The Big Four

No matter the league or nation, everywhere there are the marquee teams. These are the teams that are lightning rods for intrigue and fan attention, both positive and negative. Whether they are on the road to another championship, floundering desperately, or just floating along mid-table they will be discussed and dissected. The Los Angeles Lakers and Dallas Cowboys will always get extra attention, whether their play warrants it or not. In Spain, it will always be Real Madrid and Barcelona, even if one inexplicably takes a dive. England has their ‘Big Four’, but they don’t always play very big.

These anointments come from long, sustained successes and tradition. Trophies must have been present and plenty of them to be more precise. That is all where it starts. It is then carried on by the swelling fan base, long through any bumps in the road or slumps in form. More people are interested in the fate of these teams on the whole, and the media wisely follows suit.

Mexico’s ‘big four’ (Club America, Chivas, Cruz Azul, and Pumas) are not head and shoulders above the rest of the league. There are clubs with more money, more talent, and better prospects. Yet, these teams will continue to drive the barometer of the league. Their fates are intertwined with Mexican soccer for the foreseeable future … whether we like it or not.

This section is unapologetically devoted to Mexico’s ‘Big Four’ with an emphasis on fan perspective. After all, the large fan bases and their larger expectations are what keep these teams in the spotlight.

The Big Four: Cruz Azul, May 15, 2013

 
All of the familiar symptoms were there. Cruz Azul displayed signs of their usual Liguilla weakness throughout their quarterfinal match-up with Morelia. The symptoms just never manifested in to the full-blown sickness.

The Big Four: Club America, May 14, 2012

 
As a teenager and still to this day I love roller coasters, in spite of the fact that I am terrified of heights. That scary feeling of excitement you feel as the roller coaster rises and rises before the big drop; that is what I, as an Americanista, feel today.

There's excitement for the fact that we are in a semifinal, two games away from the final. We're only four games away from possibly lifting the championship trophy. But it is that same scary excitement because America has been here before in the recent past and not been able to make it pass this very round.

The Big Four: Chivas, May 2, 2013

 
I’m just a disappointed fan. Just when I really thought it couldn’t get worse, here comes Chivas to ruin another Sunday home game. Going into the match, we knew Chivas had absolutely no chance in qualifying to the Liguilla. We also knew that Queretaro had punched its one way ticket to the Liga de Ascenso. With that in mind, this game was just a “friendly” match. Both teams had absolutely nothing to fight for but to simply give their fans a little satisfaction.

The Big Four: Pumas, April 29, 2013

 
Last week, I talked about how the Pumas had full control of their destiny in regards to securing a liguilla position. On Sunday afternoon, they backed up those words with a dominant performance against Jaguares de Chiapas and now officially have a spot in this year’s playoffs. Where they will be seeded however, will be decided in the final week of the Liga MX Clausura.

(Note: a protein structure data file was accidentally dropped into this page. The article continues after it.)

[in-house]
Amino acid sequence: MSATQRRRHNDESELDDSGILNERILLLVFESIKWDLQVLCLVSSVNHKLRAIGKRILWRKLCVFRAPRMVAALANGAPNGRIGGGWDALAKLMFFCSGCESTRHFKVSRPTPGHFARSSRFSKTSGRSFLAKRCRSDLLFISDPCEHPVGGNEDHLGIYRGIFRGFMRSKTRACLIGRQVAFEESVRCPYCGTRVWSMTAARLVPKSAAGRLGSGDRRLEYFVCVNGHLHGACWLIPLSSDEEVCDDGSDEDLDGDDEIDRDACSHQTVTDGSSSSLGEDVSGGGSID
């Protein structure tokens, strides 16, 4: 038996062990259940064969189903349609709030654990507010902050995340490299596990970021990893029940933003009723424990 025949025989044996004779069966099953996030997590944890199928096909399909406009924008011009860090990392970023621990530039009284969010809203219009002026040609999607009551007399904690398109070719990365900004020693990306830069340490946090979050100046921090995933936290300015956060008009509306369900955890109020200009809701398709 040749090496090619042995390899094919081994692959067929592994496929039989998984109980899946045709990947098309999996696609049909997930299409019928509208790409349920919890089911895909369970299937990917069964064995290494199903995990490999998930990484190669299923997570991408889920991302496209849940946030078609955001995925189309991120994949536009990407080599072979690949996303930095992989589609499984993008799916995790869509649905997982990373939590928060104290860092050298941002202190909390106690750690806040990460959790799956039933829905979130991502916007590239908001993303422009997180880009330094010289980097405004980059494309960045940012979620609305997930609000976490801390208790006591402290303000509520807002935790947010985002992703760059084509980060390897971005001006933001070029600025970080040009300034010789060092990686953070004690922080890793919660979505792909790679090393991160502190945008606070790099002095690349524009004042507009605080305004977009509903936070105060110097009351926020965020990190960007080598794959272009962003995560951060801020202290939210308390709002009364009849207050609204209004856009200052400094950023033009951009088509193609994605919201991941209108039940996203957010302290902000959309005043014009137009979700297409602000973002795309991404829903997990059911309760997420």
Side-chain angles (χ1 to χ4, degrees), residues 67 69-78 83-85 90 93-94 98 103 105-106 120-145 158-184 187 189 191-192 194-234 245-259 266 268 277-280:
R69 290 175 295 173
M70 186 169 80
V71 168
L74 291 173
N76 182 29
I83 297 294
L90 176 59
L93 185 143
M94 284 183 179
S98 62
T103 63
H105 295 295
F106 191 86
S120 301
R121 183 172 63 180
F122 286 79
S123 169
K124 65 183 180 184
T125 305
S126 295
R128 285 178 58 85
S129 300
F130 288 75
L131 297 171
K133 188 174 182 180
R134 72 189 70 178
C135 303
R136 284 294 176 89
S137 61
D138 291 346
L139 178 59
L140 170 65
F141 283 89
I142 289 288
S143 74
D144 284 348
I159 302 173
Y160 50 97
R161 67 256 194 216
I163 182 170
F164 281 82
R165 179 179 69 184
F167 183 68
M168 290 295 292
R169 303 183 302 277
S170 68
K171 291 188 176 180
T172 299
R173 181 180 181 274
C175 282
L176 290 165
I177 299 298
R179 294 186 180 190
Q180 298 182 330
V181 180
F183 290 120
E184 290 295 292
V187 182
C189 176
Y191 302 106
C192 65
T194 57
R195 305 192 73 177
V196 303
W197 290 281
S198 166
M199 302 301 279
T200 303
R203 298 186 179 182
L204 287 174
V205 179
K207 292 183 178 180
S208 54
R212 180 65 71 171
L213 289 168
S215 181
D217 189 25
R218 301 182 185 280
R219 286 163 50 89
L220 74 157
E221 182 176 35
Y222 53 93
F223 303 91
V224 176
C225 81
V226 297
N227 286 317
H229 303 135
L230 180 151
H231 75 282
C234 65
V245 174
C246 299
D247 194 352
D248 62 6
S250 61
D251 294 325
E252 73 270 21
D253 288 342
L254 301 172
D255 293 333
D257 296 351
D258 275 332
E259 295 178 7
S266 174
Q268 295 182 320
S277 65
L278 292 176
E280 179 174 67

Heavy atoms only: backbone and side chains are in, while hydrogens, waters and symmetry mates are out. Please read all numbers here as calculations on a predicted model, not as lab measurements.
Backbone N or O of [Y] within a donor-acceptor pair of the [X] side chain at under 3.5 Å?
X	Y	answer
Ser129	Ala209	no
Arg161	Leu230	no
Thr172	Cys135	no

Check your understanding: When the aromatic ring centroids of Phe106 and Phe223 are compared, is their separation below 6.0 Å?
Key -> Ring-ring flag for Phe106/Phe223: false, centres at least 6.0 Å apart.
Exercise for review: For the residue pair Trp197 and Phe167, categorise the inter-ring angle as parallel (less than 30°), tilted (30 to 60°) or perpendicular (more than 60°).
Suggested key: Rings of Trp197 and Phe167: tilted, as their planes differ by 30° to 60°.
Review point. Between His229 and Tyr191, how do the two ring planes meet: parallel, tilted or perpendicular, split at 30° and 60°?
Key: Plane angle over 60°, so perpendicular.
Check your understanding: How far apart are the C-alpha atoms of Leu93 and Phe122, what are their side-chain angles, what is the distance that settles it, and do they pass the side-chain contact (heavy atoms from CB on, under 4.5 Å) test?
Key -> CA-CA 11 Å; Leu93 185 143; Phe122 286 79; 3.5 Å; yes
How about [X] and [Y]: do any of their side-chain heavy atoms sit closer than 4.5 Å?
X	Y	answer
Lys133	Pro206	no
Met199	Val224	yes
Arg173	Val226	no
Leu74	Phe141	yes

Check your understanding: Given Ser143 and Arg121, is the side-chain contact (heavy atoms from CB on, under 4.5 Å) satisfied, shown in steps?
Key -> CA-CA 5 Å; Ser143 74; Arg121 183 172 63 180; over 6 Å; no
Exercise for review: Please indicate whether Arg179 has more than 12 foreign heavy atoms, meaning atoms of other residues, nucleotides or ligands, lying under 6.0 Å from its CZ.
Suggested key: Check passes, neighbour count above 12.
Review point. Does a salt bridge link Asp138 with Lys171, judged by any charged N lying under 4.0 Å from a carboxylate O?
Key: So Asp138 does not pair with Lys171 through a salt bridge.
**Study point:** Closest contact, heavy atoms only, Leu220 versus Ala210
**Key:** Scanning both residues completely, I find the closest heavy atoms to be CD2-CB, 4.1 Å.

The Big Four: Club America, April 26, 2012

 
I’ll start by introducing myself just like my “The Big Four” counterparts. I am Jonny Rico (@jonyrico on Twitter) and I’ve been a life-long Club America fan. Growing up in the 90s I had to endure the 13 year drought; it wasn’t until I was 17 in 2002 when I was able to celebrate my first league title. I have since celebrated one more in 2005, but in spite of the few championships I have been able to live. My heart remains loyal to the best team in Mexico.

The Big Four: Cruz Azul, April 24, 2013

 
“The mind moves matter” … Virgil, Aeneid

I’m naturally predisposed to dismissing the mental side of the game. The team that ‘wants it more’ doesn’t always win. One team being ‘more ready to play’ is generally a throw-away line to explain the unexplainable. I assume that the majority of professional athletes are always trying their hardest to put out their best effort. The team that wins most often will be the one with the better athletes and the more complete cohesion as a unit.

The Big Four: Chivas, April 23, 2013

 
As a first time writer on Soccer Mexicana, I will begin by introducing myself. My name is Roberto Macias, but on here or on Twitter I go by DonTical_futbol. How did I come up with that name? My devotion for hip-hop music growing up and my love for the beautiful game mixed together to create the name. I am a fan of el Rebaño Sagrado, also known as Las Chivas de Guadalajara. On Twitter I try to stay neutral, sometimes my passion takes over and can’t help my love for my team.

The Big Four: Pumas, April 22, 2013

 
With this being my first post for Soccer Mexicana, allow me to introduce myself. My name is Stephen Eastepp and I go by the name “Ordinary Orange Fan” in the soccer writing community. Now your first question might be what does orange have to do with the beautiful combination that blue and gold make? Well, nothing I guess. My affection with the color orange stems from my home team, an MLS soccer club – the Houston Dynamo.

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